Rae Bryant

The Indefinite State of Imaginary Morals, Relatives and Gin

She drinks his Tanqueray and ton­ic and envi­sions telling him that he real­ly isn’t take-home mate­r­i­al or the sort of guy who dress­es up ‘real well’ with all the nec­es­sary un-tuck­ing and scarf draping—he’s lost too much hair now—though he is sat­is­fac­to­ry for a stand-by hook-up—this can­not be denied—or an occa­sion­al at-home neck­ing, pos­si­bly a low-light­ed evening event with coworkers.

Enter, gin and ton­ic #2.

The pil­lows have pushed out between them. Knees touch­ing. He speaks deep and slow about high school foot­ball and stock options. She imag­ines him tight and angled, ignores the round­ed bel­ly. Pictures the thick­ness of his port­fo­lio instead. She downs the rest of her gin and sucks on the wedge of lime, lets it linger on her lip.

Gin and ton­ic #3.

Skin to skin. The bel­ly has turned out quite help­ful, a ful­crum of sorts, and wouldn’t you know it? The bel­ly hides the pri­vate parts of their sex so when she glances down to observe the grit­ty details—really, who can resist?—the mound of flesh will not let her.

Two min­utes in, the bel­ly sur­pris­es her. It proves to be more flex­i­ble than she would have imag­ined, tak­ing on geo­met­ric swing pat­terns akin to Spyro Gyro, a game she’d so loved as a child, and there in the chaos of bel­ly and breasts, the organs become art, flesh sculp­tures in motion. She names the penis Waldo and labors to locate its posi­tion in the gyrat­ing flesh­es between them, like find­ing the miss­ing char­ac­ter on the back of a cere­al box that your lit­tle broth­er waves in the air even though you’ve told him to Put it down! I’m try­ing to locate the penis!

It takes the bet­ter part of three min­utes to find it. The penis works behind a cam­ou­flage of gray pubic hair and a love trail. She stud­ies it like Dian Fossey study­ing apes or a math­e­mati­cian study­ing cir­cles and rec­tan­gles. She takes mea­sure­ments by rela­tion­ships. The arc of the penis equals the slope of the flut­ed glass. The girth equals the diam­e­ter of one in a half sushi rolls. She records the quan­ti­ta­tive fea­tures, the ded­i­ca­tion of it all, for tru­ly, the penis has heart and stick-to-it-ness. A sol­id ten points for length. Four for width. Bonus points for its dog­mat­ic work eth­ic. In the end, she awards the penis a hand­i­cap for dis­crep­an­cies between actu­al breast size and push-up pro­mo­tion­al dimensions.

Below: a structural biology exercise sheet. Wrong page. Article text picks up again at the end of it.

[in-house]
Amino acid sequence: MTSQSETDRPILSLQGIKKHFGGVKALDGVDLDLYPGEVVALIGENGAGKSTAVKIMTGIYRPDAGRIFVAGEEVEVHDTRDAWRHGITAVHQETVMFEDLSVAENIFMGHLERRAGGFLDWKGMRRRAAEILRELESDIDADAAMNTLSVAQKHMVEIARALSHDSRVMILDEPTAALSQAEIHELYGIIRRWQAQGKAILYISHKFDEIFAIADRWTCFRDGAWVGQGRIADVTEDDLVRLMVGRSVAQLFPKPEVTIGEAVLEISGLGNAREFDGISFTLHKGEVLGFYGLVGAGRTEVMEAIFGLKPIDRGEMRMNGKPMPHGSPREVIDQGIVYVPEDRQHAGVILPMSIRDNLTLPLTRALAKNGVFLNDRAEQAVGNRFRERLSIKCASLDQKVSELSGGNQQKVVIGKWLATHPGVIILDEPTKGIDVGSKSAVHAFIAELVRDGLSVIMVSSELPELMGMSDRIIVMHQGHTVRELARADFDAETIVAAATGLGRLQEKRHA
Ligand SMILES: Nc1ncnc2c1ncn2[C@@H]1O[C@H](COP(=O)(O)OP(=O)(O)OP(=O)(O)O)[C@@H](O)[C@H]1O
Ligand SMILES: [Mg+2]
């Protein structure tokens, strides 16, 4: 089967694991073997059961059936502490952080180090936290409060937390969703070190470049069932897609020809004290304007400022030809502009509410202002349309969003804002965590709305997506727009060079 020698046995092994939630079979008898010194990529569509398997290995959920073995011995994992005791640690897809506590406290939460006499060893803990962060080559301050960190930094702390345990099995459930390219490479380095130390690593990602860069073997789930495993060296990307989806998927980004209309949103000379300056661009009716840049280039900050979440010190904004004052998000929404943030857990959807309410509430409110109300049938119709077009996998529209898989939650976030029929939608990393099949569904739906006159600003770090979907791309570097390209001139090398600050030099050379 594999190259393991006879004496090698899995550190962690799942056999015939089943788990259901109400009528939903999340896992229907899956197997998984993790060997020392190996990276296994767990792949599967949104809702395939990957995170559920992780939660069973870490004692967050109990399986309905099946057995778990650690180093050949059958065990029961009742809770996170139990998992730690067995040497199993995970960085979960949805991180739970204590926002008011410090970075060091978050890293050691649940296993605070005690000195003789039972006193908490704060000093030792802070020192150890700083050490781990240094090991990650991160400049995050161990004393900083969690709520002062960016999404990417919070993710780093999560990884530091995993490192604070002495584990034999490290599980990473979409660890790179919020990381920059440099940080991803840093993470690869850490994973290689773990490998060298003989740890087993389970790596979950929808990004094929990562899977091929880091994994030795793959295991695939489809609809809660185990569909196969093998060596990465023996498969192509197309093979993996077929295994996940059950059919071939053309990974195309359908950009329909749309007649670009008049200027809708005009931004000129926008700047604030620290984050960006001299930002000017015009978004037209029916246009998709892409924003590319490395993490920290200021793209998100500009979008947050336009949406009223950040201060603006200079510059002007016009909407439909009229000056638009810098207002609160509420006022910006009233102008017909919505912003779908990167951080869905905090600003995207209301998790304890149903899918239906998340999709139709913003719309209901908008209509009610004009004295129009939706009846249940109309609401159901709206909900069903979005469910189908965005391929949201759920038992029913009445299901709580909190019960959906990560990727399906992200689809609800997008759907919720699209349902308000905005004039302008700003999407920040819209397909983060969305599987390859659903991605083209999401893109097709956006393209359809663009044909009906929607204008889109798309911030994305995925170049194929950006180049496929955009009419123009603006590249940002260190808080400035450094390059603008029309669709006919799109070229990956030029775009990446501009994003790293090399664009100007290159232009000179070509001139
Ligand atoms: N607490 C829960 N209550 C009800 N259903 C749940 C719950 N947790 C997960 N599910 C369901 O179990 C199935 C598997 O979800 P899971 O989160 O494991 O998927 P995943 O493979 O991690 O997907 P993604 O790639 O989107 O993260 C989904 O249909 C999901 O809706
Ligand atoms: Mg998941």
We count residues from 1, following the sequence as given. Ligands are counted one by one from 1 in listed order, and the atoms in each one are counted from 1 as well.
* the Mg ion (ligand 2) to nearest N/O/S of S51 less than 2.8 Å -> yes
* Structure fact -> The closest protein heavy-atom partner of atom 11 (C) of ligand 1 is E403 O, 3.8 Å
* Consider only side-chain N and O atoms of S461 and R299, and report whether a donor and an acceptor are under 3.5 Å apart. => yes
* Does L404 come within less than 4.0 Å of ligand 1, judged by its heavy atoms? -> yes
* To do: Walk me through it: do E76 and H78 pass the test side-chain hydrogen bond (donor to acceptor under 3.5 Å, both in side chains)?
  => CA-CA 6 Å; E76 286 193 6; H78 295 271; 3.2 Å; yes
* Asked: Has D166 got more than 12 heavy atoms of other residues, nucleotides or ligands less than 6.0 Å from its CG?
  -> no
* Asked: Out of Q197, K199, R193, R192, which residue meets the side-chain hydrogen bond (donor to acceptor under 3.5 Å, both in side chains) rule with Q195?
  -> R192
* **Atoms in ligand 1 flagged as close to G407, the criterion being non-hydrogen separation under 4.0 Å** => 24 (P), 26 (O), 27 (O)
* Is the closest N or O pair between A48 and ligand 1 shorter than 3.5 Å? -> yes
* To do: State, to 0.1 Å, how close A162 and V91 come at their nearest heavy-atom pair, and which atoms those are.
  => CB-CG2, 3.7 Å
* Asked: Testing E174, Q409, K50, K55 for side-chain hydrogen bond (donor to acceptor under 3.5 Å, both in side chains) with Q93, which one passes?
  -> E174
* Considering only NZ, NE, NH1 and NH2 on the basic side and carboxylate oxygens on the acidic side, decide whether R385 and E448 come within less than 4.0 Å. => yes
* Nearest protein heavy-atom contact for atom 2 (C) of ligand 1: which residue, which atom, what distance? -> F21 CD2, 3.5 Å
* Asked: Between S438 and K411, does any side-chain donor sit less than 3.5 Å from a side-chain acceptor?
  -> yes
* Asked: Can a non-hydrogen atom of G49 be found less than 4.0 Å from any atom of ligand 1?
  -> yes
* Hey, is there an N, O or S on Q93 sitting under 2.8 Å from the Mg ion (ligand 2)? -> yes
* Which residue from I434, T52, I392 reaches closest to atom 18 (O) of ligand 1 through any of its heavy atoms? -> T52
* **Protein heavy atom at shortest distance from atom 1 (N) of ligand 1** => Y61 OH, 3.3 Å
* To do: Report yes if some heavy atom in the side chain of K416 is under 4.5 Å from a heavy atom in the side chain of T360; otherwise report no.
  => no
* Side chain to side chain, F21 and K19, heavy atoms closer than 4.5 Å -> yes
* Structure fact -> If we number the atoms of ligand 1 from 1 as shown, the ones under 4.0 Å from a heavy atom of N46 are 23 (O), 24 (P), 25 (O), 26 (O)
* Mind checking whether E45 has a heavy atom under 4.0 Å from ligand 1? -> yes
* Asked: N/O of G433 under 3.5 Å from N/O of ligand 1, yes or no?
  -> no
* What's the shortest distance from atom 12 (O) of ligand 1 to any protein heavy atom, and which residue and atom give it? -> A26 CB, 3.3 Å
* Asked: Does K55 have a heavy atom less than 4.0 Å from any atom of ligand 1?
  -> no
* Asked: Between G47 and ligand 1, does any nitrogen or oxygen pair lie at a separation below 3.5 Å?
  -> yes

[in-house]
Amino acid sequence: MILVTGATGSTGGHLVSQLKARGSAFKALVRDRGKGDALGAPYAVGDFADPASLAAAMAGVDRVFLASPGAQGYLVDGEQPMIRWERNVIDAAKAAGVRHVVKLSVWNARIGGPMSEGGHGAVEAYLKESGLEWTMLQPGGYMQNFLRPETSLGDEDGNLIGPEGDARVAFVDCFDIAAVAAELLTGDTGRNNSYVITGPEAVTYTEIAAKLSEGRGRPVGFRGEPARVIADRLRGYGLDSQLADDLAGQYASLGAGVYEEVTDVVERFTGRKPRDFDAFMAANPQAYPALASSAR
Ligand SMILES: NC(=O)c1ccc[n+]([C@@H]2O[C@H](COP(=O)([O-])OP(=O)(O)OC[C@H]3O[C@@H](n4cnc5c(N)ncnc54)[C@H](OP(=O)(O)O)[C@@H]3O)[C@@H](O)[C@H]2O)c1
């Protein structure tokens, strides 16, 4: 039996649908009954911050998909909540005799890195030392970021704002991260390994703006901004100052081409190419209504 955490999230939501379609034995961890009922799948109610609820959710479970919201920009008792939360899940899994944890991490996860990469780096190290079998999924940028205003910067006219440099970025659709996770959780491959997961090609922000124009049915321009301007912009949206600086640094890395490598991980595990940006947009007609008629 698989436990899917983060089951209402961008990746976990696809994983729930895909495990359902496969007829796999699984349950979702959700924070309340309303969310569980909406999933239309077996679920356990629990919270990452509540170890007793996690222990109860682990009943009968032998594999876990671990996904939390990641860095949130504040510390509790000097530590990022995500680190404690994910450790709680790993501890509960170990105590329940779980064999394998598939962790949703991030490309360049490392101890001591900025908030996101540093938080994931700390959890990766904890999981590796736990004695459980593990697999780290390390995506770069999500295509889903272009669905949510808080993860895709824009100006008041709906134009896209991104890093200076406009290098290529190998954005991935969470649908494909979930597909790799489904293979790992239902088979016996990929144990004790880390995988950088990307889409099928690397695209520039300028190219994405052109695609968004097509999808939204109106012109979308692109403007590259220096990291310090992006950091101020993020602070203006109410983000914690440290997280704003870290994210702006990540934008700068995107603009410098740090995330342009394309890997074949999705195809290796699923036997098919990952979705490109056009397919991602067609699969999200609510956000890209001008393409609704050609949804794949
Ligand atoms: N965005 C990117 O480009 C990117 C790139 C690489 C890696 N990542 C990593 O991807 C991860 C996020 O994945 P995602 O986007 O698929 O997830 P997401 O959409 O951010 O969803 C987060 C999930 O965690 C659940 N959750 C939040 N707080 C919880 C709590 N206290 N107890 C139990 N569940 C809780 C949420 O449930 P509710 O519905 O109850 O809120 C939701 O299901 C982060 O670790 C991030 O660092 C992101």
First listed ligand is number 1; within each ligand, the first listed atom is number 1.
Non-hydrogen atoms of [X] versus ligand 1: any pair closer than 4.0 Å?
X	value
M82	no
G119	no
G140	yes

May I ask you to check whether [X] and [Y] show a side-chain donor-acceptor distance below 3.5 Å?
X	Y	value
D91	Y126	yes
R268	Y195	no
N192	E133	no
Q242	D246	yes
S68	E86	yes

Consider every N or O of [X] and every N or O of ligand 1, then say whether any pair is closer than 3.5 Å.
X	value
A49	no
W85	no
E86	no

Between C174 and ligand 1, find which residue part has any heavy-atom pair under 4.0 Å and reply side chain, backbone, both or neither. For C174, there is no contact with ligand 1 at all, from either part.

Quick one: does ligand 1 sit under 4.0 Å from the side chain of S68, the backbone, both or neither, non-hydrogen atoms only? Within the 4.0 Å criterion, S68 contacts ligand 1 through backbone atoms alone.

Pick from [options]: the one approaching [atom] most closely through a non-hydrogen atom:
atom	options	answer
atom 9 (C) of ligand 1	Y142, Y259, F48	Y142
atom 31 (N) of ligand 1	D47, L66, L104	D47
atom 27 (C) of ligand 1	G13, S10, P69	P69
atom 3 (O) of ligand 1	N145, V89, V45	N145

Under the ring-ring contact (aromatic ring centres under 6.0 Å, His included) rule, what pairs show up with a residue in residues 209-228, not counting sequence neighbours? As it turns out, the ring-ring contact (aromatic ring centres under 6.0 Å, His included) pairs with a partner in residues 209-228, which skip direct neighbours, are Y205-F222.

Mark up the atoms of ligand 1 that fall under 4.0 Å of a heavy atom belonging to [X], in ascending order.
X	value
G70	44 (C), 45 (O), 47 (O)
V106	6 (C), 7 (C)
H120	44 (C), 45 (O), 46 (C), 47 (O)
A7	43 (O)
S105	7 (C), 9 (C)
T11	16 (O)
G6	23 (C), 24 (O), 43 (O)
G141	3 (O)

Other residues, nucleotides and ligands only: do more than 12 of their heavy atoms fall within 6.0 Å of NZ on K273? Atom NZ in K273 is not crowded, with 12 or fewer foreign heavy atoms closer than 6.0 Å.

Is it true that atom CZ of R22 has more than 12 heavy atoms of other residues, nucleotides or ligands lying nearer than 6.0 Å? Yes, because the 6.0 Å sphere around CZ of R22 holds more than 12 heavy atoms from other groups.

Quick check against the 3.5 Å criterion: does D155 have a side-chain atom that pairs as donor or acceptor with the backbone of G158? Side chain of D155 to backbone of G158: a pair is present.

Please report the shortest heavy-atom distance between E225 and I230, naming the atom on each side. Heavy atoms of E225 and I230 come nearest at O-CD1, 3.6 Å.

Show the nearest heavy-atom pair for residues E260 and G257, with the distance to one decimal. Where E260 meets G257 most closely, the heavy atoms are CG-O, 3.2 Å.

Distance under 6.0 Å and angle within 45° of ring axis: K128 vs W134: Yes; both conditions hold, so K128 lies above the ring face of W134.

Post-coital water.

Hydration is the sin­gle most impor­tant step toward anchor­ing into the real­i­ty of slop­py behav­ior. It is a wet­ting of the moral palate, a reju­ve­na­tion of the spir­it, a pause and oppor­tu­ni­ty to decide if the behav­ior should reg­is­ter in the grand scheme of life­long deci­sion mak­ings, or if the behav­ior is sim­ply a burp, an unan­tic­i­pat­ed flinch of gas­tric slut­ti­ness. She fin­ish­es the water, wish­es it was gin then pulls a pil­low into her bare lap. Slutty wins. Yes, it has been a slut­ty sort of evening.

They are both too worn and wast­ed and down­time to grab a tow­el, blan­ket, nap­kin, so they sit watch­ing the pieces of spicy salmon with cucum­ber left­overs on the cof­fee table, the near-dis­si­pat­ed pools of soy. They talk about the dis­tressed barn wood aes­thet­ic of the room and try to ignore the naked­ness of it all and the fact that the room has grown rather cold now and their sweat­ed skins are uncom­fort­ably slip­pery. Filthy slips. The kind of film one might scrub away with Clorox. When he leans back and offers his shoul­der, she near­ly cringes like a too old child expect­ed to sit in her grandfather’s lap. In min­utes, thank­ful­ly, he sleeps—it has been so long she’s lain still with shal­low breath. She hums, in her head, the theme song to Mission Impossible, slides from his arm and chest, away from the couch, col­lects wrin­kled clothes from the floor then car­ries them to the front door where she trips and slips over the skin­ny black skirt, the red bra that is real­ly too small and the blouse but­tons. Shit. She tip­toes back to couch, grabs purse, stops, drops, rolls when he snuf­fles in his sleep. Crawls back to door.


At the 7‑Eleven, around the cor­ner, she stands in a line, wait­ing to pay for cof­fee and the Styrofoam cup in her hand. She adjusts the hem of her skin­ny black skirt and tries to straight­en the twist in the red lace bra strap that irri­tates the mole on her shoul­der because the mole sticks out too far. She has made men­tal notes to have it removed many times. The lace and elas­tic are cut­ting into her skin now and she thinks she smells the aro­ma of ejac­u­la­tion and sperm swim­ming through her canal. She glances around the con­ve­nience store and won­ders if 7‑Elevens car­ry preg­nan­cy tests. The bra strap real­ly is too tight. She sips the luke­warm cof­fee and laments for the envi­ron­ment and for Styrofoam and the peo­ple who made Styrofoam because they didn’t know it would be so bad when they invent­ed it. They thought they were sav­ing trees.

What would cof­fee taste like with Tanqueray? Would it be bitter?

She tells her­self, Surely, he will call. How long will it take for him to call? The woman in the secu­ri­ty mir­ror is star­ing at her now. Her eyes are smudged with mas­cara and age, framed by a famil­iar arc in the brows. She used to be so much sex­i­er after sex. The mir­ror makes her nose con­vex­ly large.

Surely, he’ll call.

She con­sid­ers death. It is best served as a pre­emp­tive mea­sure. She vac­il­lates between great aunt and sec­ond cousin and read­ies the tears because they are more con­vinc­ing, a quick­er get­away. Men run away from women who cry too much. When her cell­phone vibrates, she tries to remem­ber which rel­a­tive she had used last time, not want­i­ng to kill the poor thing twice.